by Rachel Vilsack
You’ve probably heard or read this before, but some employers are expressing difficulty in finding workers with the right skills for the jobs they have available. This has prompted many organizations like the Minnesota State Colleges and Universities (MnSCU) system and the Governor’s Workforce Development Council to address how the education system, in particular, can better prepare the workforce for future jobs. This week, we’ll be considering the issues – what the experts say, what the data say, and what it means for job seekers.
Understanding the Issue
It sounds simple enough. An employer looks for a worker to fill an open position and is unable to find someone with the right qualifications. Whether you call it a skills gap or a skills shortage, the idea is the same. There is a perceived mismatch between the people looking for work and the employers looking for workers. To be clear, this may not mean that the job goes unfilled. It may indicate that the hiring process for an employer takes longer because few people apply, or those that do apply do not meet the qualifications. Employers may also adjust their job requirements or expand their job search parameters.
Think Like an Employer
The skills gap doesn’t just affect employers; it impacts job seekers in a number of ways. First, it may be discouraging to hear about. There are over 150,000 job seekers in Minnesota right now, and suggesting that they are no skilled workers available does not send a positive message to the many thousands of highly skilled and qualified workers who have not found a job. But perhaps more positively, it provides an opportunity for job seekers to think more like an employer. Here’s how:
If you’re not networking with professionals, businesses, or experts in your field of expertise, you are missing out. Instead of just filling out job applications online, find out what employers actually need to see if your skills to meet those needs. A job posting will tell you some information, but knowing more about the company and how you can directly contribute is key.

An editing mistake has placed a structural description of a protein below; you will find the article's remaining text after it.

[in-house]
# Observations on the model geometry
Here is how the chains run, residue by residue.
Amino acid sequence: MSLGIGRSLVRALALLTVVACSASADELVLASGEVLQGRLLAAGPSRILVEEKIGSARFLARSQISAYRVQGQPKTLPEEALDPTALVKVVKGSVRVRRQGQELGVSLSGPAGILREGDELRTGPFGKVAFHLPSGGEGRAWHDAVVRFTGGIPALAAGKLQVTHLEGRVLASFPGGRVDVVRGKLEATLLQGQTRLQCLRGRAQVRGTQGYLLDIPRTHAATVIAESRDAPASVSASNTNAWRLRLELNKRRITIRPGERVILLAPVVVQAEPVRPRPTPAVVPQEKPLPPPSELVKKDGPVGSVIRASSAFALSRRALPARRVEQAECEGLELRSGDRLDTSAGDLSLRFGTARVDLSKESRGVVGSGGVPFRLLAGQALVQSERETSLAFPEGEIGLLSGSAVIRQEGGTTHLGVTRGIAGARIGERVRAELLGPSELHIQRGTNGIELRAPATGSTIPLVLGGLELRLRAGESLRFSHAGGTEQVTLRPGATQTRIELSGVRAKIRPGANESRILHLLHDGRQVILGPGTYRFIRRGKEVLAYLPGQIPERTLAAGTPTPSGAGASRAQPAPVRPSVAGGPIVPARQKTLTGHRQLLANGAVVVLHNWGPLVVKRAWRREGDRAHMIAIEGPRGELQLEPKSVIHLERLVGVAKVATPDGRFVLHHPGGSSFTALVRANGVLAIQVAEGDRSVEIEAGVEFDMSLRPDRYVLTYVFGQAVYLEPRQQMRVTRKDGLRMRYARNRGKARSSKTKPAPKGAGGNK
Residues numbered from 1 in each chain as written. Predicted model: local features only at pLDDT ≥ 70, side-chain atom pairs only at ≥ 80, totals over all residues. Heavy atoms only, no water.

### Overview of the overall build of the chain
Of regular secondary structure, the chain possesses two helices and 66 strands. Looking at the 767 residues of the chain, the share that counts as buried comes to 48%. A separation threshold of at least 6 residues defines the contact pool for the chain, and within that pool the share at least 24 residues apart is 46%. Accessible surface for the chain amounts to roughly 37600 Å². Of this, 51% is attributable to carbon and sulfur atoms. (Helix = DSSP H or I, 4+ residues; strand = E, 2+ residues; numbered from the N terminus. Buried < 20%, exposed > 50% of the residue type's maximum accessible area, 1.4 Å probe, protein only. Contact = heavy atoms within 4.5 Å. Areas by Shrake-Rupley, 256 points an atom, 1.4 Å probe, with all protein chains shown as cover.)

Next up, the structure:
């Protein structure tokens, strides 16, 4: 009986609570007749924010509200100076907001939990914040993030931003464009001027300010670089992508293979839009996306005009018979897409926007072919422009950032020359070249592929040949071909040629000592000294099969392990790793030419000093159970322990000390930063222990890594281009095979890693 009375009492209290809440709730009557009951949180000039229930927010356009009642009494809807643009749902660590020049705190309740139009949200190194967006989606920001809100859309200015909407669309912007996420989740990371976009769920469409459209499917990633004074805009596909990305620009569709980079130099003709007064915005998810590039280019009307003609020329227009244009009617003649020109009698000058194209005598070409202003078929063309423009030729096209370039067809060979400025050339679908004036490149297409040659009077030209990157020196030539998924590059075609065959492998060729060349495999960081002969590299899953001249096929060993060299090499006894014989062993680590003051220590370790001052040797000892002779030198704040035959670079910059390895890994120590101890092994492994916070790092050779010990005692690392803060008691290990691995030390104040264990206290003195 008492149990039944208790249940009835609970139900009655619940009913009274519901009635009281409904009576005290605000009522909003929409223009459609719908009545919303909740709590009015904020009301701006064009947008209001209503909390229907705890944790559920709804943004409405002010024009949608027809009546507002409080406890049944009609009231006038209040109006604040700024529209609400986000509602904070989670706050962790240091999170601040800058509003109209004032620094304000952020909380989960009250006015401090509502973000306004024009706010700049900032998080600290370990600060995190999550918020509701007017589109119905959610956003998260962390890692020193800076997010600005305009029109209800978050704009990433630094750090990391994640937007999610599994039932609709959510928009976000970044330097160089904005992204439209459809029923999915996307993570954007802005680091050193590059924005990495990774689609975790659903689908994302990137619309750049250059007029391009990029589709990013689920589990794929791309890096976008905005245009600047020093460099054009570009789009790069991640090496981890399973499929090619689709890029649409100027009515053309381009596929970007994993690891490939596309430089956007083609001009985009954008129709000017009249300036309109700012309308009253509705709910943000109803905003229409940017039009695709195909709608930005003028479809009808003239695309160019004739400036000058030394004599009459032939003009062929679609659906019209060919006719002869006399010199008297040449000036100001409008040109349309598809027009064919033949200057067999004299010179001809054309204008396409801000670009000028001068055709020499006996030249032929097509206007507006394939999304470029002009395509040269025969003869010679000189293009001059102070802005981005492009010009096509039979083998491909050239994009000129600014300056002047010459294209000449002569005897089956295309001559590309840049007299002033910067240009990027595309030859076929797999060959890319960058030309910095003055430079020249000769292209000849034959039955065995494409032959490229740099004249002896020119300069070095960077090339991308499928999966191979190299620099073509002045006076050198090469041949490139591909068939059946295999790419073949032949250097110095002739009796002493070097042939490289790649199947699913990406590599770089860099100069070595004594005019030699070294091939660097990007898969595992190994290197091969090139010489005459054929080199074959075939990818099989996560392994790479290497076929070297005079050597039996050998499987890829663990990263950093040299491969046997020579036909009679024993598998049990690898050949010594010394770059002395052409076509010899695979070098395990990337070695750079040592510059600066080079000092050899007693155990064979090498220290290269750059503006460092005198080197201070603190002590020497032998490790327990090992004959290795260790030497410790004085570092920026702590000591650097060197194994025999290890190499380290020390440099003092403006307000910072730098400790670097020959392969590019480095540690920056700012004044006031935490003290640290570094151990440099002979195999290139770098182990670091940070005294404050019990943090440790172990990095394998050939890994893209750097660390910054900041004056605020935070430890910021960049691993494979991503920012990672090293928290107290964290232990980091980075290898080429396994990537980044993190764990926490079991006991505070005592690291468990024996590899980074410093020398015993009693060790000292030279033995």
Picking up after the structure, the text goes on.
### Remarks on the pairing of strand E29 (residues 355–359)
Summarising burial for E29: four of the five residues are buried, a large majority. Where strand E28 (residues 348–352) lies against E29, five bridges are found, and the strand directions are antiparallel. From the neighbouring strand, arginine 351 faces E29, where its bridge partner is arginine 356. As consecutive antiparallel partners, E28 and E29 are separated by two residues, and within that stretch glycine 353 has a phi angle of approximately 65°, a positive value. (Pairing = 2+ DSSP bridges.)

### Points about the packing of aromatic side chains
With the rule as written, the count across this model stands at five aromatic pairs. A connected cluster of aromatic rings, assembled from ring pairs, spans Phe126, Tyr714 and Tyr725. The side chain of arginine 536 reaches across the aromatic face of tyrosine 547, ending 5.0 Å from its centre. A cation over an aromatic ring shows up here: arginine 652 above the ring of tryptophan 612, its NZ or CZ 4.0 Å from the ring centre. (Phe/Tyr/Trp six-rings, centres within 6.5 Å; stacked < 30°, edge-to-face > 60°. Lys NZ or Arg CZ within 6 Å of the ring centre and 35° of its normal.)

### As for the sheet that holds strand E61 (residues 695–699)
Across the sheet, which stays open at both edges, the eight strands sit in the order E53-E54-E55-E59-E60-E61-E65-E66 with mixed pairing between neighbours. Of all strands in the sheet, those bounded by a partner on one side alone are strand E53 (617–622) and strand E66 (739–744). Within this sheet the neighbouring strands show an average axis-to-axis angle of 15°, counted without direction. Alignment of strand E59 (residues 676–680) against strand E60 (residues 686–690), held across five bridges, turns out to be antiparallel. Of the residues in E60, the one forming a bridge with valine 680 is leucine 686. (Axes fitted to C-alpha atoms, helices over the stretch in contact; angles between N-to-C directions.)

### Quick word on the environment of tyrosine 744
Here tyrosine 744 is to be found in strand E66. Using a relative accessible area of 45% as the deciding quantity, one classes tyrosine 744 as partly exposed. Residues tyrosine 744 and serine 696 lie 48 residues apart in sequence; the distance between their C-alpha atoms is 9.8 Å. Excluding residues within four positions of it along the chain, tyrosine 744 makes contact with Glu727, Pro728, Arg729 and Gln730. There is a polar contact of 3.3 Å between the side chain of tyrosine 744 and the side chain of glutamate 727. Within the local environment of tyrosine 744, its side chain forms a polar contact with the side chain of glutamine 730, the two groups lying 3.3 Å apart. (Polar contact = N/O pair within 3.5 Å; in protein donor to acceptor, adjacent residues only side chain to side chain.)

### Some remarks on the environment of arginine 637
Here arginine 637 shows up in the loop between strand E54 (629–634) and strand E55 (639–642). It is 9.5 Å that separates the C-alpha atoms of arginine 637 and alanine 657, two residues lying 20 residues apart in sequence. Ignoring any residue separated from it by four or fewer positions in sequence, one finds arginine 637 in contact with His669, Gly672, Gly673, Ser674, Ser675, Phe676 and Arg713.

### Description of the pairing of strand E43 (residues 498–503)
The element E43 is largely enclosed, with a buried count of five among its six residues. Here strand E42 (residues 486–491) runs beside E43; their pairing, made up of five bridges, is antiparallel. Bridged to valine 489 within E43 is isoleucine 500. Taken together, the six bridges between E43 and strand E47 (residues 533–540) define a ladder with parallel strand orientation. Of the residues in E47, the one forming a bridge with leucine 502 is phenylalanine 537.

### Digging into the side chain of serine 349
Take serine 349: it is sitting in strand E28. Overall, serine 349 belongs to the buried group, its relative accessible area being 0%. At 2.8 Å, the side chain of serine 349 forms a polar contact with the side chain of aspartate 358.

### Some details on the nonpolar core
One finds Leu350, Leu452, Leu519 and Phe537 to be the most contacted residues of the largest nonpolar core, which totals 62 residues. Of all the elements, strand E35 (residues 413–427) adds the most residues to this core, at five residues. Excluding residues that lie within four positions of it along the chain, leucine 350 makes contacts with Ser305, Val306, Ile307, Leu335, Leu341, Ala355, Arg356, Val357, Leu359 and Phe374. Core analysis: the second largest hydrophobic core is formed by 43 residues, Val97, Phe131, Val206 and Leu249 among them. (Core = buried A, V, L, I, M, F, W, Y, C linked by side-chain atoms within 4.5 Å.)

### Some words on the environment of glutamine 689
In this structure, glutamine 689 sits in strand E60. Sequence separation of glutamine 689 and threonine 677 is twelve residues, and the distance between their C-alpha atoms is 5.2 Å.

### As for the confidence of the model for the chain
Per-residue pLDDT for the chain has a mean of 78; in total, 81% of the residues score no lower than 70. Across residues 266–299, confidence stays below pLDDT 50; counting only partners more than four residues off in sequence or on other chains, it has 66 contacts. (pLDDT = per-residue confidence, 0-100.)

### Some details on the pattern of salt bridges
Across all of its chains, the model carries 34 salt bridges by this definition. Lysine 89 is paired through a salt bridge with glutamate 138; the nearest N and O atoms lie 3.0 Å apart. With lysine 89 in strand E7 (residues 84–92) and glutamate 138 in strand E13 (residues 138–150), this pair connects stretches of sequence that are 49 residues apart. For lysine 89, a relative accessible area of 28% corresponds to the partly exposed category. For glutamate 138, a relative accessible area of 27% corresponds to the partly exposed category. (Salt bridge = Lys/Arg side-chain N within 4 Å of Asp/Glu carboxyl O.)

Some job postings are simply not attractive. It might be the location of the employer, the wages offered, or the hours of work. You might be searching for a job that is within a short commute from your home, one that offers daytime hours, or is in an industry you’re familiar with. That’s okay, but you are probably missing out on opportunities. Just like an employer who readjusts their strategy when something isn’t working, are there any preferences you can relax to expand your search?
The mechanisms – including on-line applications and resume software – for matching employers and candidates have changed. You may be screened out of a job that you are qualified for if you don’t meet 100 percent of the requirements set forth by the employer, or don’t use key words from the position description. If you are passionate about a job opening, you may need to do more than just fill out an online application. Sell your expertise in a cover letter or resume that you send directly to the hiring manager. Maybe you want to contact the hiring manager by phone before applying. Can you learn anything else about the job that will make your skills stand out?
I posed this question to someone I know who will be hiring for several positions very soon.
Question: Let’s say someone contacts you because they saw a position posted online and wants to ask you more detailed questions about what the job entailed, beyond what was available in the job description. Maybe they indicate that they are trying to determine if their skill set or experience would fit. Would you averse to speaking to the person? Would you think differently of the person if he/she became a legitimate candidate for the job?
Answer: Yes, I would speak to the person and could also potentially think differently of the person because they had such initiative, though I would probably make some sort of conscious effort to not be “swayed.” If things came down to two candidates with equally good credentials, I might pick the one who purposely sought me out for information and applied. That would have shown some initiative!
Think like an employer and sell your product – you!